Wednesday, February 08, 2006

Feingold Roasts Bush on Senate Floor

After a frustrating day trying to get a word of truth out of Attorney General Alberto Gonzales in the Senate Judiciary Committee on Monday, Senator Russ Feingold (D-WI) lit into George W. Bush on the Senate floor Tuesday for the president’s illegal domestic spying.

Here’s some excerpts from his prepared text:
The President issued a call [in his State of The Union speech] to spread freedom throughout the world, and then he admitted that he has deprived Americans of one of their most basic freedoms under the Fourth Amendment -- to be free from unjustified government intrusion.

The President was blunt. He said that he had authorized the NSA’s domestic spying program, and he made a number of misleading arguments to defend himself. His words got rousing applause from Republicans, and even some Democrats.

The President was blunt, so I will be blunt: This program is breaking the law, and this President is breaking the law. Not only that, he is misleading the American people in his efforts to justify this program.

How is that worthy of applause? Since when do we celebrate our commander in chief for violating our most basic freedoms, and misleading the American people in the process? When did we start to stand up and cheer for breaking the law? In that moment at the State of the Union, I felt ashamed.

Congress has lost its way if we don’t hold this President accountable for his actions.
Feingold also debunks the ridiculous spin being offered by Team Bush that the president’s actions are consistent with what other presidents, such as Wilson and Roosevelt, have done throughout history:
Let’s examine for a moment some of the President’s attempts to defend his actions. His arguments have changed over time, of course. They have to – none of them hold up under even casual scrutiny, so he can’t rely on one single explanation. As each argument crumbles beneath him, he moves on to a new one, until that, too, is debunked, and on and on he goes.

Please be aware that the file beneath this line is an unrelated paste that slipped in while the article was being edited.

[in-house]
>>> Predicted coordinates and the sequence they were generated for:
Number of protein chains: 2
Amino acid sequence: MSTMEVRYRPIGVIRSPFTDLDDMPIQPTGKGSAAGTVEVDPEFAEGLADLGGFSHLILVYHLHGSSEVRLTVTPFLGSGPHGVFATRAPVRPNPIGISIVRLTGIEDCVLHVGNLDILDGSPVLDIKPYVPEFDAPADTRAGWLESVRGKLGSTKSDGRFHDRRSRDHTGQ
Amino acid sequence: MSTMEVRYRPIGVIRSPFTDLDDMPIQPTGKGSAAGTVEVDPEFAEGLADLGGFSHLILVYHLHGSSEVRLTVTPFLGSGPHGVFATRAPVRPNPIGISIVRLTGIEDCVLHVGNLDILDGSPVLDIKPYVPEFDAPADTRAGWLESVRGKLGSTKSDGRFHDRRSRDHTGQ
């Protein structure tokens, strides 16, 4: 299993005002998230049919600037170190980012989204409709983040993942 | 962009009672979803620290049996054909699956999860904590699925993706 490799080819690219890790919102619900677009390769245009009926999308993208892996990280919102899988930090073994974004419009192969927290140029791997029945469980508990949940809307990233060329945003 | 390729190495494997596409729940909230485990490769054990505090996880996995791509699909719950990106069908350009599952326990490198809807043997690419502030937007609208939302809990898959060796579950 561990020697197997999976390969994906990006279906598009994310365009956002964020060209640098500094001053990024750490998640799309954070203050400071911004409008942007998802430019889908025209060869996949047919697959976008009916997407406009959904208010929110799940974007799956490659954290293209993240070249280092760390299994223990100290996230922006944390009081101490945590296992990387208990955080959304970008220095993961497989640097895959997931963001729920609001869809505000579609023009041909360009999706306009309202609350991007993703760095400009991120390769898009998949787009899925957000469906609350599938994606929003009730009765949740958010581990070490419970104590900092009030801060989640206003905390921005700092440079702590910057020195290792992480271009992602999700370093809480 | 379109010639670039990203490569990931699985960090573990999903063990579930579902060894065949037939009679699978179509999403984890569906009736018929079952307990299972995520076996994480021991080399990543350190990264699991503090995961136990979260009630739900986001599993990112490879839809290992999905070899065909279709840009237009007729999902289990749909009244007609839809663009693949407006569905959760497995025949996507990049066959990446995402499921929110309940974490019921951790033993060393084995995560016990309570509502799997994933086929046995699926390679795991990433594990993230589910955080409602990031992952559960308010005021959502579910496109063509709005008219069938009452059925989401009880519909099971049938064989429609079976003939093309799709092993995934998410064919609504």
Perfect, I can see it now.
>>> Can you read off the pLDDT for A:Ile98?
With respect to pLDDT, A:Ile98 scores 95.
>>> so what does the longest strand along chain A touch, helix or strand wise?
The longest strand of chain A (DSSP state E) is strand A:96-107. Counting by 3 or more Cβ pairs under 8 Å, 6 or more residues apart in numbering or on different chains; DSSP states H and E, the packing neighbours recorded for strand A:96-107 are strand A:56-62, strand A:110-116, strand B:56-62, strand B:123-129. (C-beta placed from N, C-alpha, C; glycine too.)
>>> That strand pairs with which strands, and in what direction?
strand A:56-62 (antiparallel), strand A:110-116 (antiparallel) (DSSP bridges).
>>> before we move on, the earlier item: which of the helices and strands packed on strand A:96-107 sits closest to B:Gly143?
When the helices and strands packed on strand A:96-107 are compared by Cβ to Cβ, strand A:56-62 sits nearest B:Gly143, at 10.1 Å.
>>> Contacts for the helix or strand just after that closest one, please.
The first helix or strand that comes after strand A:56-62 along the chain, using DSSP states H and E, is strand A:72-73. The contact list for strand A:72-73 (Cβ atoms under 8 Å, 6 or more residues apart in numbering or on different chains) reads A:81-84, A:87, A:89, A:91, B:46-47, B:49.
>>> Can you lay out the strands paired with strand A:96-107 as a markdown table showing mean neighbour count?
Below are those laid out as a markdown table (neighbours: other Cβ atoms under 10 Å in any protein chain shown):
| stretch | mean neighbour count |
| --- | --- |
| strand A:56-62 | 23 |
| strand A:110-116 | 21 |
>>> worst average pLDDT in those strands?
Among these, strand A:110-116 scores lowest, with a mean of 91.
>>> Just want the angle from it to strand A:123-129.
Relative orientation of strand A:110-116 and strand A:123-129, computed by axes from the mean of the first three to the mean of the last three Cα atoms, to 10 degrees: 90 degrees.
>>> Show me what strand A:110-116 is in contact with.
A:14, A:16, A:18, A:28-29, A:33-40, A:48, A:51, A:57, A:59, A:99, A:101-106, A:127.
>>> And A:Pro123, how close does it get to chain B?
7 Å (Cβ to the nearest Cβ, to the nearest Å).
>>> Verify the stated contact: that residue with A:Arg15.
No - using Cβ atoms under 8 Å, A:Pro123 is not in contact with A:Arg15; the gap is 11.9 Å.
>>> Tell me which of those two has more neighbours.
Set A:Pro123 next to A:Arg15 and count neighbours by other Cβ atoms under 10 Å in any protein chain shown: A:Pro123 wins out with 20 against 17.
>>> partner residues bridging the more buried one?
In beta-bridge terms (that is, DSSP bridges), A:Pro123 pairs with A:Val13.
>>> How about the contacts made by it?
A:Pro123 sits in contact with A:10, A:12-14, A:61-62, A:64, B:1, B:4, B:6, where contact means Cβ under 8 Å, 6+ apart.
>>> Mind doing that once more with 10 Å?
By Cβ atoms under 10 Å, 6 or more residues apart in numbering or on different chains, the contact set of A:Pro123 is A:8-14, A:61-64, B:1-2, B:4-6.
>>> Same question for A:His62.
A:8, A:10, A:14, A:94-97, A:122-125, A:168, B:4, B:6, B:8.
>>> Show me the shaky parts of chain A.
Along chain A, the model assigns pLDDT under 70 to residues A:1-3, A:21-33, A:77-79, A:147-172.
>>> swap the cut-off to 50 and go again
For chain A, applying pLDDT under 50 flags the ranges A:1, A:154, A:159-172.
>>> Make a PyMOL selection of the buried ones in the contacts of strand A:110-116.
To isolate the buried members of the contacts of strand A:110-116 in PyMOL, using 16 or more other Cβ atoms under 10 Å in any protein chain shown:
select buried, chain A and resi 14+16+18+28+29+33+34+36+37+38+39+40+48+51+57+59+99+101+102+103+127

In the State of the Union, the President referred to Presidents in American history who cited executive authority to order warrantless surveillance. But of course those past presidents – like Wilson and Roosevelt – were acting before the Supreme Court decided in 1967 that our communications are protected by the Fourth Amendment, and before Congress decided in 1978 that the executive branch can no longer unilaterally decide which Americans to wiretap. The Attorney General yesterday was unable to give me one example of a President who, since 1978 when FISA was passed, has authorized warrantless wiretaps outside of FISA.

So that argument is baseless, and it’s deeply troubling that the President of the United States would so obviously mislead the Congress and American public. That hardly honors the founders’ idea that the President should address the Congress on the state of our union.
And this about the Iraq war:
We all recall the President’s “Mission Accomplished” banner on the aircraft carrier on May 1, 2003. In fact, the mission was not even close to being complete. More than 2100 total deaths have occurred after the President declared an end to major combat operations in May of 2003, and over 16,600 American troops have been wounded in Iraq. The President misled the American people and grossly miscalculated the true challenge of stabilizing and rebuilding Iraq.
Please go to the Senator’s web site and read the entire thing by a man who, as much as I deplore talking about 2008 with bigger fish to fry in 2006, is sounding very much like my idea of a presidential candidate.